Honda Insight Forum banner

1 - 10 of 10 Posts

·
Registered
Joined
·
3 Posts
Discussion Starter #1 (Edited)
Hello everyone,

I use my car to commute, and while its not a long commute, gas does add up. Currently its 20 miles round trip and I get 20MPG. I drive a big *** wagon, the thought was I could pick up the kids from school or use it as a back-up car in case our primary broke down but I've done that exactly 0 times.

Im thinking of getting a first gen Honda Insight, but Im afraid of getting one with bad batteries. Would a mechanic be able to test their power or something?

These things are silly cheap, $1000-3500. I'd save about $400 a year on gas (dont need premium anymore and get more than double the MPG). I feel like it could be a good move but Id hate to spend $3000 on the car then get racked with $3000 for new batteries.

Otherwise, what I hear is that they are pretty good buys with a manual transmission. Its JUST a commuter, but how are they to drive? Can they keep up with traffic (I already travel 60-70 mph) and get on the highway safely?
 

·
Super Moderator
Joined
·
7,631 Posts
David. If you will update your profile to include your location, then you may find that there are other owners in your area. It is helpful to everyone, particularly yourself.

Click "quick links" above, then "edit your details," to include a city or state - whatever you are comfortable with.
 

·
Super Moderator
Joined
·
7,631 Posts
These things are silly cheap, $1000-3500. I'd save about $400 a year on gas (dont need premium anymore and get more than double the MPG). I feel like it could be a good move but Id hate to spend $3000 on the car then get racked with $3000 for new batteries.
Be very careful with the lower end of that "silly cheap" range. Some of the cars have lots of problems and can cost as much to fix as paying more for better car. Also, remember that you have to do your own work. Dealer repairs/maintenance is prohibitively expensive, and in many cases you can't find a mechanic who knows how to work on a car this old.
 

·
Registered
Joined
·
24 Posts
Hello everyone,

I'd save about $400 a year on gas
Just considering what you will pay to register the vehicle and insure it, you will not realize that savings.

If you want the vehicle because of its unique qualities, then get it. However, it would be wrong to think it will be a good financial move to have both vehicles.
 

·
Premium Member
Joined
·
3,415 Posts
Background:

I've had direct experience with nearly 300 hybrid battery failures and probably 60 non-battery but hybrid-specific "other" failures.

In over half of those situations, the length of ownership was less than 1 year.

My most recent experience was literally this last Saturday. A retired gentlemen FINALLY bought a G1 Insight after yearning for one for 19 years. Paid a slight premium of $3500 for a car in reasonably good shape. IMA light 3 weeks after purchase. P1449. Bad battery.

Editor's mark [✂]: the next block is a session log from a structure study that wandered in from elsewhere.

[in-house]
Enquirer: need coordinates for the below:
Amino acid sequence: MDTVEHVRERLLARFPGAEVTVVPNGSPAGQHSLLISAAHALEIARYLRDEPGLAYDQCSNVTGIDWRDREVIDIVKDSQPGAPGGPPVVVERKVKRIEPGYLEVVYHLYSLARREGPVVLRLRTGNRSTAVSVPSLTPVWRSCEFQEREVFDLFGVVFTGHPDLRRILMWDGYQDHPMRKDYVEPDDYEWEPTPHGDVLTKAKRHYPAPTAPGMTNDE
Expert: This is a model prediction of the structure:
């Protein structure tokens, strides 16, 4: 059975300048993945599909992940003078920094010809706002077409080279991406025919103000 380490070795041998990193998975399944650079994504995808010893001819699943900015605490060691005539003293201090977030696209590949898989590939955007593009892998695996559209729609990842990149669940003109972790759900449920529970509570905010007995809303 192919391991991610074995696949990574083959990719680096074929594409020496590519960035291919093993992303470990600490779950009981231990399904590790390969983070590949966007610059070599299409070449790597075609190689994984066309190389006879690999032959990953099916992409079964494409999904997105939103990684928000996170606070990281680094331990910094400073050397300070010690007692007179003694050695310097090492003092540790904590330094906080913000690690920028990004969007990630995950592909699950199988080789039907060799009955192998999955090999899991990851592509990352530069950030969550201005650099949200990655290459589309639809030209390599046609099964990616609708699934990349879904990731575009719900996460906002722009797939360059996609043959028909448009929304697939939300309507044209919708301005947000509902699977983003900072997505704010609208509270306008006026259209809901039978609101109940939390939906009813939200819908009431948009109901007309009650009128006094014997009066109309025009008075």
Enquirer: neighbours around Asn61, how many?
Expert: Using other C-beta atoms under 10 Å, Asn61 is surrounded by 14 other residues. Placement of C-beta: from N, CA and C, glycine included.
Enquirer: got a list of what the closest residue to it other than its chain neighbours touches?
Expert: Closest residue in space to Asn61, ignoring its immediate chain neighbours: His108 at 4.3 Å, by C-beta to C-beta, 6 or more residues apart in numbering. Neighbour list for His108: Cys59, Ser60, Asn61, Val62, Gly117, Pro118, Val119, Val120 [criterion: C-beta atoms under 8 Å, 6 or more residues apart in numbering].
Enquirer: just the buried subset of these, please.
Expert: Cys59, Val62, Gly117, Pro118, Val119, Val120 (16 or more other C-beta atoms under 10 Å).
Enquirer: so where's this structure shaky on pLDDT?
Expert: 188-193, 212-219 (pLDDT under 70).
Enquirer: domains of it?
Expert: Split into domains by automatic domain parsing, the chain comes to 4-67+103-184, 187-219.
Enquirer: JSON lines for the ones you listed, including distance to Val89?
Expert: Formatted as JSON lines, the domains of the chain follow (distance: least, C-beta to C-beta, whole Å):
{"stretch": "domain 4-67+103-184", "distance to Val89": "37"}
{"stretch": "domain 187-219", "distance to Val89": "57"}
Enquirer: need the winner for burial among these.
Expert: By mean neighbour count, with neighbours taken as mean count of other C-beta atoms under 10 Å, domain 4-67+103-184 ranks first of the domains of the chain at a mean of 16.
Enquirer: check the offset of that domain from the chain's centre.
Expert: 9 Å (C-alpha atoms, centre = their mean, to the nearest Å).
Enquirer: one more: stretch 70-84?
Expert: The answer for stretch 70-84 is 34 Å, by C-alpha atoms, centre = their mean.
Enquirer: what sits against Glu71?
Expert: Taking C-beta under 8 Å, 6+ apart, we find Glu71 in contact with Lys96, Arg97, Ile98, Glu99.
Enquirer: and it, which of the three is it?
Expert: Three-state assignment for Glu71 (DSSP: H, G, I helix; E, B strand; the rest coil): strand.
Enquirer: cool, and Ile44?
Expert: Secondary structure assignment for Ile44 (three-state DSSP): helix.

He's heartbroken, and his wife is telling him to donate it to some charity rather than drop another big chunk of change on it.

Why do you care about the above? You might not, but it's the experience upon which the following comments are based:

IMHO, if your goal is to purchase a 13-19 year old car to save money on gas, you are likely NOT going to break even. Ever.

If you've always loved and wanted an Insight and don't care about the higher maintenance risk, then ABSOLUTELY.. get one. I have two. Love 'em. They mostly sit.

You would likely get better financial results with a cheap civic, corolla or other small four cylinder that only has ONE propulsion system... :)

Based solely on your singe post, you do NOT sound like you qualify as an enthusiast, and if you're not comfortable with dropping $2K on it within 90 days of ownership, then it's not the car for you.
 

·
Registered
Joined
·
3 Posts
Discussion Starter #8
Hello everyone,

I use my car to commute, and while its not a long commute, gas does add up. Currently its 20 miles round trip and I get 20MPG. I drive a big *** wagon, the thought was I could pick up the kids from school or use it as a back-up car in case our primary broke down but I've done that exactly 0 times.

Im thinking of getting a first gen Honda Insight, but Im afraid of getting one with bad batteries. Would a mechanic be able to test their power or something?
http://tradevenue.se/
These things are silly cheap, $1000-3500. I'd save about $400 a year on gas (dont need premium anymore and get more than double the MPG). I feel like it could be a good move but Id hate to spend $3000 on the car then get racked with $3000 for new batteries.

Otherwise, what I hear is that they are pretty good buys with a manual transmission. Its JUST a commuter, but how are they to drive? Can they keep up with traffic (I already travel 60-70 mph) and get on the highway safely?
Thank you my issue has been solved,...
 

·
Registered
Joined
·
594 Posts
I just disabled the battery and drive without.

maintenance for me has been no different than any other decent car and is about 1/10 what the TDI Jetta required for maintenance.

repairs on this car seem to be easier to pull off than other cars I’ve owned.

yes the battery could be an irritating issue as could sourcing normal repair parts but as of yet I’ve been golden.

just plugs, ground straps, tires and 12v battery.
 
1 - 10 of 10 Posts
Top